Tips on Getting Started in Copywriting
Don’t Juggle Before You Can Catch
You know you want to be a copywriter. Maybe you are a creative person? A marketing genius? Or have just watched Mad Men and got carried away with yourself? Whichever — you need to prepare! Don’t assume you can just start writing mind blowing copy without learning the basics. How to do that? READ READ READ!
I recommend the following:
o Bob Bly ‘The Copywriter’s Handbook’ An oldie but a goodie
o Steve Slaunthwaite ‘How to Start & Run a Copywriting Business’ Great for people starting up on their own.
o Jon Wuebben ‘Content Rich’ Invaluable guide to the world of SEO and website copywriting.
Apart from these excellent books you should be studying as many advertisements as you can. Buy or borrow magazines and examine the adverts to see the different layouts, different approaches and objectives. For headlines that nail it check out all the old VW adverts on-line. GENIUS!
After Your Third Latte
So you have your first copywriting job – or maybe you’re creating a freebie for a local business. What next? Make sure you don’t immediately start trying to come up with award winning headlines. Take your time to research the target market, the objectives for the advert, the USP of the product, how it differs from the competition and of course everything you can about the company and the product or service.
PEOPLE READ WHAT FIRST?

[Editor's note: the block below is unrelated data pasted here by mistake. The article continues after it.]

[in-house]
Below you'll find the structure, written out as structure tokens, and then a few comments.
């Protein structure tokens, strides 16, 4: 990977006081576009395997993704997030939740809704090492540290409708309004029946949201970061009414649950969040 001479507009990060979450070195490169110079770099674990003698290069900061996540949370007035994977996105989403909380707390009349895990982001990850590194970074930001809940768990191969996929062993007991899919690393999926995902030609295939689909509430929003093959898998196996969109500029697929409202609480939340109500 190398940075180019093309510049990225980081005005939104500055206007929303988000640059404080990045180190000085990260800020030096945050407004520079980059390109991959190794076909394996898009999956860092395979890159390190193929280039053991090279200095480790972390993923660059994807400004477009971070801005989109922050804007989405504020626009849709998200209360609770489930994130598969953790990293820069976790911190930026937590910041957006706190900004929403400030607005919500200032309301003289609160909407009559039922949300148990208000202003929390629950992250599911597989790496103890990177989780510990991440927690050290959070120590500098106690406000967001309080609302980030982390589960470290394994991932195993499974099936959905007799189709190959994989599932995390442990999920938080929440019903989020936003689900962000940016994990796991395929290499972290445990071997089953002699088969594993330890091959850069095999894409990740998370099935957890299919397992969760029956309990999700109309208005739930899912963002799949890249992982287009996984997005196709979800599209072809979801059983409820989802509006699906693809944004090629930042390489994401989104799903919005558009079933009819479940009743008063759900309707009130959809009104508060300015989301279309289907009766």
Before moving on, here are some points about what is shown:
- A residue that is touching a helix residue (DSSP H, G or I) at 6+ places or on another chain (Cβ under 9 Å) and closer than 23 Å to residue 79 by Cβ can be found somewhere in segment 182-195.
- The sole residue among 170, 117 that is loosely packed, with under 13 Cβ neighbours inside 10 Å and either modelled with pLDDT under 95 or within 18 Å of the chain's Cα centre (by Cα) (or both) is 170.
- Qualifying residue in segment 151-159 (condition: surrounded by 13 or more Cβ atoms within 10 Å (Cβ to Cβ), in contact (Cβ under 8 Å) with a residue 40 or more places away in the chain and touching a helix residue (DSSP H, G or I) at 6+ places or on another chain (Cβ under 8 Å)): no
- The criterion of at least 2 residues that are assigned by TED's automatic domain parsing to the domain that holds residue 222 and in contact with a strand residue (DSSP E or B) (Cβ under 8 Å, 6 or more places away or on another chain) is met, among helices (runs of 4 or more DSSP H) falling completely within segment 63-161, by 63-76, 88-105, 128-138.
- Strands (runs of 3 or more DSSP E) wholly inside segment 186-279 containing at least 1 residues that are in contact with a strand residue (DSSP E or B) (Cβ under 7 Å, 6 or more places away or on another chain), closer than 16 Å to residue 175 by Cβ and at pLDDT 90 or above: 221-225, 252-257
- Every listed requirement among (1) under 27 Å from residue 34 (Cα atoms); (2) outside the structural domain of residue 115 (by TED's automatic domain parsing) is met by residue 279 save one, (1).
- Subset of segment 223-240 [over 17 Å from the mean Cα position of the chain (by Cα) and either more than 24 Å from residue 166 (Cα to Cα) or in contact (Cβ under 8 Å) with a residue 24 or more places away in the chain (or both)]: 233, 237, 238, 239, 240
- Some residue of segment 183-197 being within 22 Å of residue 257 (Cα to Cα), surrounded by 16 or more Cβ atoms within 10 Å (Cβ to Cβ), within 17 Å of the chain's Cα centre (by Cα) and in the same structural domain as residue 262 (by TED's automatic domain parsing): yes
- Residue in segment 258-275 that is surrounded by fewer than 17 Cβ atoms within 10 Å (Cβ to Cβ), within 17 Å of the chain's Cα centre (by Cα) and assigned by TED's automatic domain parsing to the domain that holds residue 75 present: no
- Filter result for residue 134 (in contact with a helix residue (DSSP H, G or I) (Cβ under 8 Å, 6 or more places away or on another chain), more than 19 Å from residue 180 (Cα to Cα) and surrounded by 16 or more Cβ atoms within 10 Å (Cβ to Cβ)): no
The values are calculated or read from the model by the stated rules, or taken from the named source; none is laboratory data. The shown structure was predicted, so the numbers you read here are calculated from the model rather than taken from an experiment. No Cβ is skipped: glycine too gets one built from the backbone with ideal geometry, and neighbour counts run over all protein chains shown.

Yes exactly. The headline. Probably the most important part of your advert. There are many different ways of producing a headline. I recommend Bly’s book and Slaunthwaite’s book for a comprehensive list but for a start many copywriters use the following methods: asking a question, making an announcement, making a statement, giving a warning, using the word ‘discover’ or ‘introducing’, stating a problem or saying it’s the first/best/cheapest/number one. If you’re using an image then keep it relevant to the headline and the advert.
Clever and edgy is fine if you can get away with it but don’t TRY to be funny or controversial for the sake of it. There is a big difference between someone laughing at your advert and remembering what it was for and well, someone just laughing.
Most importantly, keep it simple, keep it relevant and keep writing different headlines until your hand hurts.
What Makes a Good Body?
So you’ve got your headline what next? Well the body copy. This can range in length from one word to 200 words and beyond depending on the kind of product you’re selling and what detail your client wants you to go into. Main thing to remember here again is keep it simple! Why use words with four syllables when one will do fine! Unless you’re describing a technical aspect then keep the language user friendly; so your dog would understand it.
Short snappy paragraphs work best and use bulletpoints to increase readability. Remember CAPS and bold for emphasis, but don’t OVER do IT.
To slogan or not to slogan
This part is easy. If you can’t think of a really strong slogan, don’t use one! There’s nothing worse than a weak slogan and it can diminish all the great work you’ve done with the rest of your advert. So if ‘If I was a dog I would eat Chumpies’ is the best you can offer. Leave it blank!